This means that these neighborhoods have become attractive to young adults, single or married, who have delayed having children or have chosen not to have children. Elderly adults also make up a smaller share of these neighborhood residents, as many have retired to other communities.

Projections show that the number of households will continue to grow, but household size will fall and families may grow only slightly. Thus, according to current projections, families will make up a smaller share of the overall population in the near future.

Aging Population

As we consider the kind of city we want in the future, we must also consider the fact that we will be a city whose residents are older. Nationwide, the population is aging. The U.S. Census bureau predicts that the percentage of the population age 65 and over will increase from 12.4 percent in 2000 to 20.7 percent in 2050.

In our region, as shown in the chart below, the over-65 population will more than double, and its share of the population will rise from about 10 percent today to over 16 percent in 2025. Similarly, the over-85 population will double.

Retiring Baby Boomers

These changes have important implications for business, education and government. As the baby boom generation ages, business and government struggle to find replacements for workers nearing retirement and higher education considers ways to train the current workforce to meet these emerging needs. According to the Oregon Employment Department, the number of workers ages 65 and older increased by 64 percent from 1992 to 2002, and the percent of workers nearing retirement age, age 54 to 64, increased by roughly 70 percent during that same time. Older workers are well represented in some of the state’s largest industries, particularly health services.

Planning for Aging

As a community, we must consider how to address the needs of a diverse, aging population in the way we provide services such as public transportation, parks, and housing.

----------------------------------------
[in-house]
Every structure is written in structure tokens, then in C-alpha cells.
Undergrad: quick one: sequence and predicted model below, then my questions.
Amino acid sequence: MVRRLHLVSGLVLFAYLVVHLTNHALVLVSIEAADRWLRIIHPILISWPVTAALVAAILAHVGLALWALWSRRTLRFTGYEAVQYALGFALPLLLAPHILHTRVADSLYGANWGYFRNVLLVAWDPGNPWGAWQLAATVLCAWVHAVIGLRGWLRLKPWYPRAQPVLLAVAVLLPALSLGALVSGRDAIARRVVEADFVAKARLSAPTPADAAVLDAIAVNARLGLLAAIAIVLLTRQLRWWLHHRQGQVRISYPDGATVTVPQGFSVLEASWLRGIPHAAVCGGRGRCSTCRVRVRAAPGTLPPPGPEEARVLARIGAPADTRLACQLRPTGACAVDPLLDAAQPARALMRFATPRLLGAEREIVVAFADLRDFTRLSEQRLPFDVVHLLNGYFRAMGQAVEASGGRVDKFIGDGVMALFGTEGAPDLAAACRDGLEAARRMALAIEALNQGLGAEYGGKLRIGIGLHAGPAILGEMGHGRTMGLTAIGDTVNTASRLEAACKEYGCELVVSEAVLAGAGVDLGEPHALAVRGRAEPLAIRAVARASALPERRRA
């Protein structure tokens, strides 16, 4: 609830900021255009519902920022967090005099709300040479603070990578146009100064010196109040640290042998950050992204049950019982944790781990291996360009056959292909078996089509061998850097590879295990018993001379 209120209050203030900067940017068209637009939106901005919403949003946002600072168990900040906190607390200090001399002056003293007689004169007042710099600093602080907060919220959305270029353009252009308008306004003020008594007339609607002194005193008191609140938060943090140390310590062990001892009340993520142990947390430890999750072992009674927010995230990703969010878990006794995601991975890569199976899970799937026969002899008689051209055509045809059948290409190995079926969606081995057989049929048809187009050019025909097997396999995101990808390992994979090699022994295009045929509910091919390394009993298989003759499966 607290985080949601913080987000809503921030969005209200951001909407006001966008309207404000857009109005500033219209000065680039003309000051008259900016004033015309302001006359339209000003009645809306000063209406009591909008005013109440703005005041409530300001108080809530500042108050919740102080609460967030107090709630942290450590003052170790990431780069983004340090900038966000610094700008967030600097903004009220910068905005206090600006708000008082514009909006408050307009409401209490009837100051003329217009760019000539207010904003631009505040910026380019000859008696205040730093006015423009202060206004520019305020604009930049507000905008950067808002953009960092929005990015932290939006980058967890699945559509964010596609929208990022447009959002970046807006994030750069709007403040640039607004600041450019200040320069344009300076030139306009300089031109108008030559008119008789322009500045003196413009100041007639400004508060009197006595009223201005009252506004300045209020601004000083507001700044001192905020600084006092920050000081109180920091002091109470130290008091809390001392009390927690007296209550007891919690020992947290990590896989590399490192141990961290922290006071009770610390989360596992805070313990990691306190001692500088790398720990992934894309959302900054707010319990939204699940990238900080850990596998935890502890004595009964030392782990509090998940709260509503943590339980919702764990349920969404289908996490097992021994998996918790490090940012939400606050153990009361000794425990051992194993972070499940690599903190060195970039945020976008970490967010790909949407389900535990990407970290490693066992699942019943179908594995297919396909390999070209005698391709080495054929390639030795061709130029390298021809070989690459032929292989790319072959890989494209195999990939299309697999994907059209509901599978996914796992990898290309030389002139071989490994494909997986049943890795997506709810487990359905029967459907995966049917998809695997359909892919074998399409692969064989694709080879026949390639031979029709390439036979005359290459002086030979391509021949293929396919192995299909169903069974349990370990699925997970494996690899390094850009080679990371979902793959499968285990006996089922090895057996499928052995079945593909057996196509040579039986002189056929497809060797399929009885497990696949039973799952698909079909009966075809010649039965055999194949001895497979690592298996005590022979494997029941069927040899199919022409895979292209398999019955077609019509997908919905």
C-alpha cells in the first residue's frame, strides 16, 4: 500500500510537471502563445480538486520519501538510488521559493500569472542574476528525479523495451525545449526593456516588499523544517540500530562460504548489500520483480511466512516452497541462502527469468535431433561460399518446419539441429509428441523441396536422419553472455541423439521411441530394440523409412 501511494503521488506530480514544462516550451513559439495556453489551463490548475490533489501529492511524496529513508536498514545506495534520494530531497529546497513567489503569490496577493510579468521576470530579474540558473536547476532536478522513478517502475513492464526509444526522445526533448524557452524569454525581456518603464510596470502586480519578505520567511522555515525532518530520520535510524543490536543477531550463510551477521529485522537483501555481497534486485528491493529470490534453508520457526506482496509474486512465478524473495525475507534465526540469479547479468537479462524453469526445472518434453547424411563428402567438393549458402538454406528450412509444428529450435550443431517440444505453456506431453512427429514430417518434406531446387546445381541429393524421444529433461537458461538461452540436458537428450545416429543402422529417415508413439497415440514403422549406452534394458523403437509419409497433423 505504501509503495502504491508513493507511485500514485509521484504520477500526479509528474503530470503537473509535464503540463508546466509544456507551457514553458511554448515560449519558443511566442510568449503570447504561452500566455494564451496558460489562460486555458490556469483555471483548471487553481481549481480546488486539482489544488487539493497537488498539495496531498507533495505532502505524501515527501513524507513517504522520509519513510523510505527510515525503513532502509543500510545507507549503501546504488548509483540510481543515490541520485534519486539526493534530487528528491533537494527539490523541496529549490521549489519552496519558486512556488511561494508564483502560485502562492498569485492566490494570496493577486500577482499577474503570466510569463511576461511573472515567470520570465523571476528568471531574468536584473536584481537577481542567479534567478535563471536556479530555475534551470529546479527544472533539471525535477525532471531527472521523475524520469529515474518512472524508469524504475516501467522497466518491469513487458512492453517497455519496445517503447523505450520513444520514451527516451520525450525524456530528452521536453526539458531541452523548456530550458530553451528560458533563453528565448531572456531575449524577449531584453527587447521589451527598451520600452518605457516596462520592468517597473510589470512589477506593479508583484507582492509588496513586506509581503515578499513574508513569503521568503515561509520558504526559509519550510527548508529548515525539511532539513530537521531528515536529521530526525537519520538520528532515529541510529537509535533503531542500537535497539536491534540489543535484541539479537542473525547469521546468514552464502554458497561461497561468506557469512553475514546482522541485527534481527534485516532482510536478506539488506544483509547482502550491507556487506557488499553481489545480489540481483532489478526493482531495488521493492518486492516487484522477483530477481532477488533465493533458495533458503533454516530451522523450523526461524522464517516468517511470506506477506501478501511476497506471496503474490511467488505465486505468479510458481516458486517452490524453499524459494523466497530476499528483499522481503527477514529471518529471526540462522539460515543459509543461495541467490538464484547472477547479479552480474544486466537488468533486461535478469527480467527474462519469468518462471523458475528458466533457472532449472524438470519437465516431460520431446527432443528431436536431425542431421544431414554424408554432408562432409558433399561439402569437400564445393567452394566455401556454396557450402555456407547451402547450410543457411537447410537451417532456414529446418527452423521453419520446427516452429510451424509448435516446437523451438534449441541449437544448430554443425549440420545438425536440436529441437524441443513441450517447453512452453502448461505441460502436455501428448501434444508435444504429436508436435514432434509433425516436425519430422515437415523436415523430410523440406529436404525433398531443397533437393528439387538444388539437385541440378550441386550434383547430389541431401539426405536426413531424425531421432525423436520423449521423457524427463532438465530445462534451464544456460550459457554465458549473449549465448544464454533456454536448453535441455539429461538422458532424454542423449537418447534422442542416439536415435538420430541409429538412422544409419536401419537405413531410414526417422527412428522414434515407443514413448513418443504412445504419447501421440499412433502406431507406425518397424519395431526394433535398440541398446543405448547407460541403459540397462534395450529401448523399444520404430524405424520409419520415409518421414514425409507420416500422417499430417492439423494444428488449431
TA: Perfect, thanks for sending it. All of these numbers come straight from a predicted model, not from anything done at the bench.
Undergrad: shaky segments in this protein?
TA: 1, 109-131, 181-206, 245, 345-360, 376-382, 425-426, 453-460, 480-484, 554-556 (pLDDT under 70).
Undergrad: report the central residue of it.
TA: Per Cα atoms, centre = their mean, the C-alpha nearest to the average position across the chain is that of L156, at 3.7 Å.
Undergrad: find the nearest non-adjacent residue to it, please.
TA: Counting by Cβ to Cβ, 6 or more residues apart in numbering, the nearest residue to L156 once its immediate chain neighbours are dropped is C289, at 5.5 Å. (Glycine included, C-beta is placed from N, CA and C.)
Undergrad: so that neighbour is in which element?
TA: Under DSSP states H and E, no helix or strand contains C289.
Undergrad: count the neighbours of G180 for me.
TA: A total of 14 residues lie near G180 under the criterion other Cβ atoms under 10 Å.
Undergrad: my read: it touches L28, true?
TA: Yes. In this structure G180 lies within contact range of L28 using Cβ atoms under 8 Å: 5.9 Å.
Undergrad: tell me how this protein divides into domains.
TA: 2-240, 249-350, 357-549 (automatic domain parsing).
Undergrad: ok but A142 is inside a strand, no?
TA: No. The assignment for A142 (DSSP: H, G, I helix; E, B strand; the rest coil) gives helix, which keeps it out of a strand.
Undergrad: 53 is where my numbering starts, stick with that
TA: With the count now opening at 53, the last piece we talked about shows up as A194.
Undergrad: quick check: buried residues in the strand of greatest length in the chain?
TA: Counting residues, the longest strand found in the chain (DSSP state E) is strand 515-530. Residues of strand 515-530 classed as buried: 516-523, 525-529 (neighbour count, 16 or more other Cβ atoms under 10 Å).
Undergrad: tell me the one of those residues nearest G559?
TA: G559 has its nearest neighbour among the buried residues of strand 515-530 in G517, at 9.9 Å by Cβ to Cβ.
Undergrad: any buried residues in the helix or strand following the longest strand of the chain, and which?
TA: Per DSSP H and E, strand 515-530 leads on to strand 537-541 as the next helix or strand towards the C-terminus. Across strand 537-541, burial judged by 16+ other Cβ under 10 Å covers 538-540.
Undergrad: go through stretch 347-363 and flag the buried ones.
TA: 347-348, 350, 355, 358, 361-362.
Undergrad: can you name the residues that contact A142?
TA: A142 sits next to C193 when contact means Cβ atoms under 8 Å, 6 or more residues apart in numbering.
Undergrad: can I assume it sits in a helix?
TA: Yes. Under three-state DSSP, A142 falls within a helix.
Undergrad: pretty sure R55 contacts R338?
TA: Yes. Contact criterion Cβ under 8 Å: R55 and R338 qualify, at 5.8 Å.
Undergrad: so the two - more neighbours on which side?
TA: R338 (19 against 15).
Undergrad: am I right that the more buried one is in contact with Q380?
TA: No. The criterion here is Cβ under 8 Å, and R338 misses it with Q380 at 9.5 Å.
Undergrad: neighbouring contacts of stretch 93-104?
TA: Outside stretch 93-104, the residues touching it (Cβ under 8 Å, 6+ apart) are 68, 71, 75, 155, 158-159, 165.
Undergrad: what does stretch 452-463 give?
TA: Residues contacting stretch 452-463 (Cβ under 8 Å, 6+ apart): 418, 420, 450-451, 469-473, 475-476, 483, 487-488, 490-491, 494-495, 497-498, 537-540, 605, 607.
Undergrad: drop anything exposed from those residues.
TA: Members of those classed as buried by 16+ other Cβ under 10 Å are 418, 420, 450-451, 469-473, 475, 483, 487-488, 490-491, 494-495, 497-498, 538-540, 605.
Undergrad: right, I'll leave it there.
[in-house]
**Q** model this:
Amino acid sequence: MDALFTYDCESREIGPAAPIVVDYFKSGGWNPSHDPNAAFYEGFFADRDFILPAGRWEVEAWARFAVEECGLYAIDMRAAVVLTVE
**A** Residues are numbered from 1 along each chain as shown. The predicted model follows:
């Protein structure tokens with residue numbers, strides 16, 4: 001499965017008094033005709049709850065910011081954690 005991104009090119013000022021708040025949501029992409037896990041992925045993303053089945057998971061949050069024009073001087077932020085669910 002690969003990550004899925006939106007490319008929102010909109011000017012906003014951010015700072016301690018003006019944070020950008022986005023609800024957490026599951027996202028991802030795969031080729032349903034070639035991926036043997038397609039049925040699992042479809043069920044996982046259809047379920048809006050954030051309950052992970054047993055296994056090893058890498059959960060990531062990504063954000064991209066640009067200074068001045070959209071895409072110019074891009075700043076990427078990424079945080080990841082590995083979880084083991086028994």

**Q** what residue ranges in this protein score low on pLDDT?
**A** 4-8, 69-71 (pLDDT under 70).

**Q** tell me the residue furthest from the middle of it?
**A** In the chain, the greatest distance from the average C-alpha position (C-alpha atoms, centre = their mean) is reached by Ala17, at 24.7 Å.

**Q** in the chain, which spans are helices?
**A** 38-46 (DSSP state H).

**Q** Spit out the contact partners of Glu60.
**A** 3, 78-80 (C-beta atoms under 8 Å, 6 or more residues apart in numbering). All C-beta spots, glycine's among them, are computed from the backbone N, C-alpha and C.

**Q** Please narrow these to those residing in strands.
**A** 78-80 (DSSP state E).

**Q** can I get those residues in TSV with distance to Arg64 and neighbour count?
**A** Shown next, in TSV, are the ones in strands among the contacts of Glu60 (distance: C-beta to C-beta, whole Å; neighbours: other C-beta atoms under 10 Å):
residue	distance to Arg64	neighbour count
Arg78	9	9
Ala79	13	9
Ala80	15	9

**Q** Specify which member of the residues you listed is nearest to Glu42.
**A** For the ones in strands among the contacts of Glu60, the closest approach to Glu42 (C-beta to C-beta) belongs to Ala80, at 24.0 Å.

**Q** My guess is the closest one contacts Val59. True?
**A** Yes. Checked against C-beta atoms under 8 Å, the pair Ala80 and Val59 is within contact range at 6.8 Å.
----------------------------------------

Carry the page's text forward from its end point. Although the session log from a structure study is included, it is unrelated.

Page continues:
In addition to different needs, the aging population can provide resources as they retire – nonprofits may get a boon in the energy and experience of the retiring baby boomers to improve our city through volunteerism and by increasing social connectedness.

Planning for older populations can be an important component of the community’s work in the next two decades. Participatory processes, community involvement and expert direction are needed to meet the needs, as well as harness the potential, of an aging society.


  1. Institute of Portland Metropolitan Studies, “Metropolitan Briefing Book 2007,” page 9.
  2. Coalition for a Livable Future, “Regional Equity Atlas: Metropolitan Portland’s Geography of Opportunity,” page 12.
  3. Institute of Portland Metropolitan Studies, “Metropolitan Briefing Book 2007,” page 8.
  4. Progress Toward 2040: Portland’s Story – Presentation to City of Portland Planning Commission, May 9, 2006.
  5. Metro, New Look Issue Position Paper Booklet, Coming to Grips with Growth.
 

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Top: A Southwest Portland resident fills out a visionPDX survey at Neighborhood House, Inc.

Bottom: visionPDX grant recipients network at the visionPDX First Thursday at City Hall in April 2006.


Click Here to view a chart depicting our region's population forecast.


Click Here to view a chart depicting the forcasted change in future household makeup.


Click Here to view an aging population projection for the Portland metro region.


Top: Elders in Action volunteers hit the streets to talk to elders about visionPDX.

Bottom: Korean American seniors fill out the visionPDX questionnaire as part of the Korean American Citizens League grant.

Vision into Action / 1900 SW 4th, Suite 7100 / Portland, Oregon 97204 / Phone: (503) 823-9585